Is Nkosana Moyo the next president of #Zimbabwe ?

AFTER reading the column by Dr Hazvinei Mushonga on the events preceding the 2018 Zimbabwe elections, one must admit that the sister has made a powerful argument in favour of an outsider candidate for president. Prior to that, another writer had explored the illustrious career of Nkosana Moyo in “Who is Nkosana Moyo?”
In brief, Moyo is a brilliant physicist, worked at the Standard Chartered Bank in Tanzania, was appointed Minister of Trade by Mukuru. Being neither a Philistine, nor able to adjust to a life of looting and dishonesty, he fled to South Africa.
In short, his greatest strength is his weakness. He is too clean to “mess with them sons of (the alphabet).”
We are not working with angels. Let us imagine, Sister Mandi Chimene being sent to curse him out with words or even with a physical outreach, the brother would be at a loss as what to do.
The Reverend Jeffrey Jeffords, of the United States Southern Baptist Convention, saw what he considered western civilisation and its Christian underpinnings eroded by the Barack Obama-Hillary Clinton lesbian, gay, bisexual and trans-gender (LGBT) nexus. This nexus was underpinned by Hollywood stylists, gay judges and culture freedom fighters that saw religion as the underpinning of all prejudice.
In that kind of fight, he confessed: “I would rather be defended by the worst son of a b***h like Donald Trump than by a wimp (like Jebb Bush).”
Brother Moyo, if he were a candidate for the presidency, in my opinion, fails the first test of being the “baddest son of a gun” (black English).
The fight will be against Philistines, who take no prisoners, and who obey no rules.
Sister Mushonga ignores the question of logistics. ZANU-PF has a representative in every village, even in Muzarabani. Again, in fighting the Obama-Clinton machine, the US evangelicals decided to support an existing, even though effeminate, Republican Party.
Logistics, logistics, logistics, my sister is an insurmountable problem, if he goes it alone.
Even if we started building some political machinery on July 1, with all the money in the world, we do not have enough men to cover the whole of Zimbabwe. Simba Makoni, even with Bhora Musango, garnered only 8,9 percent of the vote, which tallies with the outer limit of newspaper readers in Zimbabwe.
In addition to the Republican Party, Trump had the support of Fox News, which commanded one third of all US viewership.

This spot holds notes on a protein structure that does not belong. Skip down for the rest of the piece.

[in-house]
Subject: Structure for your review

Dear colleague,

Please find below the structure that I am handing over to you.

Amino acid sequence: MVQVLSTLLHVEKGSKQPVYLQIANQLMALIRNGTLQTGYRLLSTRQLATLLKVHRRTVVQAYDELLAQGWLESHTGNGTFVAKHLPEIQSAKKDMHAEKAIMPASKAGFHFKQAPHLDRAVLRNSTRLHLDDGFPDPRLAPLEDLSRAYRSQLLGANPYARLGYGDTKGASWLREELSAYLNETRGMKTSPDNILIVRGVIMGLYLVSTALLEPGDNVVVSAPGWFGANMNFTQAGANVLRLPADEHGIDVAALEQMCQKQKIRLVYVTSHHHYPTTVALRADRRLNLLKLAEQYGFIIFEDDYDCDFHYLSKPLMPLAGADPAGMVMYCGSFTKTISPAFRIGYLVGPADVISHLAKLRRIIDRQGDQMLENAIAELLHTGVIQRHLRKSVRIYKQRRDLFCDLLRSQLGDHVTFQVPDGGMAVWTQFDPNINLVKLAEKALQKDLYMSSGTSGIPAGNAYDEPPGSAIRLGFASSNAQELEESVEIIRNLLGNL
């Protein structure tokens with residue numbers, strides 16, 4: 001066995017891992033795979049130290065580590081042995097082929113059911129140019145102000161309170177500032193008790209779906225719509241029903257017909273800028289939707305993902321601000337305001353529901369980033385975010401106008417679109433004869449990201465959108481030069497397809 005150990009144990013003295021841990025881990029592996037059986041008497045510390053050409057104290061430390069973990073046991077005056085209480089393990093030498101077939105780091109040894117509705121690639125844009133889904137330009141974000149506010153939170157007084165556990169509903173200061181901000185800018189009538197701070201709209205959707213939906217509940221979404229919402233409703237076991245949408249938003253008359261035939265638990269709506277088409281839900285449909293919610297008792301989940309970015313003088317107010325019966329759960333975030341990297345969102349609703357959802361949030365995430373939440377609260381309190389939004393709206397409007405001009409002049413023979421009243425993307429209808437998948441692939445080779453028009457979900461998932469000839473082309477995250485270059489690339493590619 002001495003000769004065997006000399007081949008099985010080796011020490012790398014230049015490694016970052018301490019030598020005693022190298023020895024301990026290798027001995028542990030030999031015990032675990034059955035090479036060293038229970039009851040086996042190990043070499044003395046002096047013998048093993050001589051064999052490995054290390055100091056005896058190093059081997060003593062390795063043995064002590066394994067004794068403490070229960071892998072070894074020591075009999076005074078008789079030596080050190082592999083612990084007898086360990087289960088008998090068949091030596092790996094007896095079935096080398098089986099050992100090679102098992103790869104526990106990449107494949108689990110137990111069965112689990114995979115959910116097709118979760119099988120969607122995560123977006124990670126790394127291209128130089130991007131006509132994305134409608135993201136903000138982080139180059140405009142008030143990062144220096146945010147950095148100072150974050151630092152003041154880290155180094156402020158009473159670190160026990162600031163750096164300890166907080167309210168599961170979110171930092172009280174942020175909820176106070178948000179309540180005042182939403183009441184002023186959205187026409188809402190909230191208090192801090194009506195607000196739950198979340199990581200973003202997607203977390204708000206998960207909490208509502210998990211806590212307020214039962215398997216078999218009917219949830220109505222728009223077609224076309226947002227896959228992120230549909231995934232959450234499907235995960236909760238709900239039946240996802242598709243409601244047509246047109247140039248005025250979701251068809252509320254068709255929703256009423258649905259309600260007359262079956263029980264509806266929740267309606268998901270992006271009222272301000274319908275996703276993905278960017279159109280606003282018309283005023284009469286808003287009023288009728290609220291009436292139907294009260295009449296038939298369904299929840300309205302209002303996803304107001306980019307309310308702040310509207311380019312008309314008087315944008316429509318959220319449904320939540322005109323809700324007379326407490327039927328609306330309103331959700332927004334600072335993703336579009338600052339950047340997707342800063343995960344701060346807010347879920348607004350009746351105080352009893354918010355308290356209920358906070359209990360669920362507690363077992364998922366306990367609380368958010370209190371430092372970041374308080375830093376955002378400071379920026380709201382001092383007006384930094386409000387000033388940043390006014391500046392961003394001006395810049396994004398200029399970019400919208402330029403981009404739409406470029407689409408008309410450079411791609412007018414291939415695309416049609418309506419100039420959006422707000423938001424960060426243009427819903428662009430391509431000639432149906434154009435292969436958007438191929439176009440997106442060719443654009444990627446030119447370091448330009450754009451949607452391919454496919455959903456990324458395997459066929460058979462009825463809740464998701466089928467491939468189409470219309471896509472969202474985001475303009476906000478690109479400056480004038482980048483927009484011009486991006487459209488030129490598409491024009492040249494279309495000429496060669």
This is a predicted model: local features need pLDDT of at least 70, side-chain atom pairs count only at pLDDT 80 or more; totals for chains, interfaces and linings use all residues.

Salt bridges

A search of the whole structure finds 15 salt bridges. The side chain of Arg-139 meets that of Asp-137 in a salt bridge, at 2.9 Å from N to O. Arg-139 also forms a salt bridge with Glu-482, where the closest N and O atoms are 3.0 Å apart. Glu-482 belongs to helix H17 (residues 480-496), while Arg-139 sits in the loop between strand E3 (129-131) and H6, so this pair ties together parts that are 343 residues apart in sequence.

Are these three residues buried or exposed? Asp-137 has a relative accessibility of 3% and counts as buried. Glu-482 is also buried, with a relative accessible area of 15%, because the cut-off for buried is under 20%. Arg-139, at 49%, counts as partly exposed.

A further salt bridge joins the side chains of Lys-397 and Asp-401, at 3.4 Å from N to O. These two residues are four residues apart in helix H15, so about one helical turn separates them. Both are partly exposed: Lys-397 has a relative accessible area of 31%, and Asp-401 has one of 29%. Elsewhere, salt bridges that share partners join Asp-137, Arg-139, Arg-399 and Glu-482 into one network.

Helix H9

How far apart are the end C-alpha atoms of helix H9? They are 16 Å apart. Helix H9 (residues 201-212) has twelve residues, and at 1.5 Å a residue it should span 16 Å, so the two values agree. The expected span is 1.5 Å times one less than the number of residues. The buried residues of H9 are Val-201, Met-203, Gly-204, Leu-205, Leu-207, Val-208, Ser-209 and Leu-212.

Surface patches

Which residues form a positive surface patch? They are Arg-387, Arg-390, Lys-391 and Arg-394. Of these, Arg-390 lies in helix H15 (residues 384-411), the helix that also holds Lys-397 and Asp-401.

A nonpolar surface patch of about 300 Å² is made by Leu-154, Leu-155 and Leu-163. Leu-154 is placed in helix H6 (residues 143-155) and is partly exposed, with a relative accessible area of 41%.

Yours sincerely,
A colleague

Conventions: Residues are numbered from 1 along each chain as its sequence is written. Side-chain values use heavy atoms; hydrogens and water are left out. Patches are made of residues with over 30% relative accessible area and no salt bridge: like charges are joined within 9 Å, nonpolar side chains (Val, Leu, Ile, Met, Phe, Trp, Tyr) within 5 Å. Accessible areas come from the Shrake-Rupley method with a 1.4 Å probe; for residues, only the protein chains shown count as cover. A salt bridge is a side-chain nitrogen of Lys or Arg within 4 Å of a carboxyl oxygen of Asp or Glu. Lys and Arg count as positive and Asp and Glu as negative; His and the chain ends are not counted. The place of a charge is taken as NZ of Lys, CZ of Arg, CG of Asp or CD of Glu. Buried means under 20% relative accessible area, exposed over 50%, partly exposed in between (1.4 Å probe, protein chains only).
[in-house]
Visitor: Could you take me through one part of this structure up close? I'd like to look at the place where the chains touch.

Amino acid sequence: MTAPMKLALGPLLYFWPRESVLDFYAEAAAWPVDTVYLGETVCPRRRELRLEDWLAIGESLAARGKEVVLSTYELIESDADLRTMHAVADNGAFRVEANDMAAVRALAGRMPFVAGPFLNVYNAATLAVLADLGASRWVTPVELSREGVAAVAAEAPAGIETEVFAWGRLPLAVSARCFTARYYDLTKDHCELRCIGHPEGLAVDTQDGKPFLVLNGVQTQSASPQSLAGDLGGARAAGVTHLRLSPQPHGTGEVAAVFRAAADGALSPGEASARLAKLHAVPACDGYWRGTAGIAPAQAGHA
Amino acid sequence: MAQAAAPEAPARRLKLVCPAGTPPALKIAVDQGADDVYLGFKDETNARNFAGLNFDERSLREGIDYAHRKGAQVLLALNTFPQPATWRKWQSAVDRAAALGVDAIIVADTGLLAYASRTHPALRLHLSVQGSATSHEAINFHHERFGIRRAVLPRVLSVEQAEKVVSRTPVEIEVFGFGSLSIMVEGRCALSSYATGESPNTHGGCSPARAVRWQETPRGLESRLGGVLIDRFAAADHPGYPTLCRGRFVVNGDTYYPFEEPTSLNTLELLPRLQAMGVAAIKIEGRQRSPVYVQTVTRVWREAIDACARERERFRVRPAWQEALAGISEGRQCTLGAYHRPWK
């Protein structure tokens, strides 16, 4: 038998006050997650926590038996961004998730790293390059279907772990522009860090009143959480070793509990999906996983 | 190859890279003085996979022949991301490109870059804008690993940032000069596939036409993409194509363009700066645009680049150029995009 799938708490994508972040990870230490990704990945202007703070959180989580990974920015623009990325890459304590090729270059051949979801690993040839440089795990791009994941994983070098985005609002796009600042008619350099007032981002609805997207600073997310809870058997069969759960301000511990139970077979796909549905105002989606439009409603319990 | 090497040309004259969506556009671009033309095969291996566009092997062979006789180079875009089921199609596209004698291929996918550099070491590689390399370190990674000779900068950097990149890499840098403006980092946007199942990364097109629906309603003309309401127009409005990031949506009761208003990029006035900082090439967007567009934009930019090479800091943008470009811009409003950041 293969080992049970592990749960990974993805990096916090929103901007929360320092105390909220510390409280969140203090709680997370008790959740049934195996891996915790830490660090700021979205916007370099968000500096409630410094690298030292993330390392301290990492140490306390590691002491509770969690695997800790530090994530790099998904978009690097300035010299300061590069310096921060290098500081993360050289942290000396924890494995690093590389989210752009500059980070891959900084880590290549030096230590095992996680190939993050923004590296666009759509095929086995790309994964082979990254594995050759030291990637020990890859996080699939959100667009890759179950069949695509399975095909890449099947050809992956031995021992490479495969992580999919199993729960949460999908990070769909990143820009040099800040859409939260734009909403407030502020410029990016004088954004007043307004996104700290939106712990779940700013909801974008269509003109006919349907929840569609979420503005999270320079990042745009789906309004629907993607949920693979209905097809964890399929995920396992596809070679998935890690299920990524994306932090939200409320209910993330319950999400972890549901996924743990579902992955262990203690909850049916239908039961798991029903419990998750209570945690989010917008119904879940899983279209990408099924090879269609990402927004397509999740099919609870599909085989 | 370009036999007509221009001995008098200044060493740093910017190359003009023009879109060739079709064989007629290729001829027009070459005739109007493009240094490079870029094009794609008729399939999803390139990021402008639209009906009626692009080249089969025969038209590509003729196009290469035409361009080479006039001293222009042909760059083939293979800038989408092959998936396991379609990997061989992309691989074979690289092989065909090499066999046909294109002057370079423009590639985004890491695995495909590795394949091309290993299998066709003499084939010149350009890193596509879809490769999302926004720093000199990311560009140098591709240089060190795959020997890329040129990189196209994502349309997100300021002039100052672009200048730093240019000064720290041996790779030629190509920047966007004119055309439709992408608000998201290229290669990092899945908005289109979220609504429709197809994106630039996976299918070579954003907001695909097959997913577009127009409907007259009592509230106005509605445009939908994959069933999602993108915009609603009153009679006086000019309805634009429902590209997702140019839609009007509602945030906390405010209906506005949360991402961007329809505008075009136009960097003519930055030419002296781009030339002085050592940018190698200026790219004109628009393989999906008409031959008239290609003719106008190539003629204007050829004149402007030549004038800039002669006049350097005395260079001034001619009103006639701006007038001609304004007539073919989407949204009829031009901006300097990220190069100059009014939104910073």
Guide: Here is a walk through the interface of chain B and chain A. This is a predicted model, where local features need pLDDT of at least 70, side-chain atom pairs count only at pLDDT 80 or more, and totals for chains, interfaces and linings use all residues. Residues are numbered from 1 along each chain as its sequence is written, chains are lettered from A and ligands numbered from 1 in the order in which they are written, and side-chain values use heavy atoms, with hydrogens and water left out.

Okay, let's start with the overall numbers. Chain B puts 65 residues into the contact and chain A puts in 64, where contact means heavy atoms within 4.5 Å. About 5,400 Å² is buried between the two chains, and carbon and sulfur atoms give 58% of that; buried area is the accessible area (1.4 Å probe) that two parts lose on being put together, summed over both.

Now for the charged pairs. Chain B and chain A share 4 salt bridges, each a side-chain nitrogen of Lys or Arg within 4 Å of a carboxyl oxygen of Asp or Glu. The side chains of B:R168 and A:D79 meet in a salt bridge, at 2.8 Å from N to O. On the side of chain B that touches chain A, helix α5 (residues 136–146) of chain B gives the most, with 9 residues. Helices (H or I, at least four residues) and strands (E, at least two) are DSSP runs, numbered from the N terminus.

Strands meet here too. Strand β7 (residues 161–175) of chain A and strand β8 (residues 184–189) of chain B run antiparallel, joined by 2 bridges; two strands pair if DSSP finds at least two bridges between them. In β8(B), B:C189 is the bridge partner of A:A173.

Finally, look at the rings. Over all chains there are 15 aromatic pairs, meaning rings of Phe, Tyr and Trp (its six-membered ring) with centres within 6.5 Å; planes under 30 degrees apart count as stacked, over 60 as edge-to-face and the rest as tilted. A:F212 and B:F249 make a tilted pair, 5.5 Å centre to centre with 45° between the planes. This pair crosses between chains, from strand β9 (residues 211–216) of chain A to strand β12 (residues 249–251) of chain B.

Mushonga is not impressed by the grand coalition, which she accuses of minding only the positions and places they will occupy.
By failing to inject new leadership into the political matrix, “we reduce the democratic aspirations of all Zimbabweans to one narrow narrative of removing (Mukuru) at any cost”.
Removing the present rot, which has driven Zimbabwe to the level of the poorest country in the world despite its natural resources and human abilities, of which Moyo is one example, will cost the blood of babies and angels.
“Splitting of the vote argument assumes that the democratic space is finite and cannot accommodate new entrants,” she says.
With due respect, the sister has misunderstood our argument. The rot is so deep that all hands are needed on deck. The miserable lives of kombi drivers are there for everybody to witness. A kombi driver is stopped at least six times in one day. Without failure, one of these police look-outs will “get him” and he will return home fleeced of his hard earned US$70 per day in trumped-up charges (no relation to Donald Trump).
We now know, after the death of Chief Justice Godfrey Chidyausiku, that government had influence over cases in which they were litigants.
The opposition is up against a Philistine hydra with seven hands. If you chop one hand, there are six left to fight another day. The justification for a coalition is that even if the opposition goes for broke, the outcome is not guaranteed.
Even with all hands on deck, ZANU-PF has a bag of tricks. The Kenyan trick is embedding the opposition with stalwart leaders, who are then paid off one week before election. The secretary-general may resign, and the party is dead in the water.
While it would be nice to include economic sangomas like Brother Moyo, the economic decline of Zimbabwe is largely due to government sponsored looting and the non-remuneration of taxes.
Mushonga did not find opposition party leadership attractive. That may be true. For instance they have adopted some of the matrices of ZANU-PF, such as the proliferation of vice presidents. They have not appreciated the difference between the accoutrements of power, the long motorcades and motorbike outriders camouflaging a bankrupt State. Mahatma Gandhi did not have a house, nor did he own a car. At his death, all his possessions fit into a wheel barrow. Yet he drove the British out of India.
Finally, Zimbabweans are a forgiving people. They understand the weaknesses of opposition leaders. They are aware that should they come to power, their government could be retrogressive like that of Frederick Chiluba in Zambia. Nations, like families, grow up and mature. Chiluba’s government was a step towards a more perfect democracy.
Moyo’s brilliance and attractive personality may, in fact, lead us into another Simba Makoni cul de sac. No nation can afford to be fooled twice.

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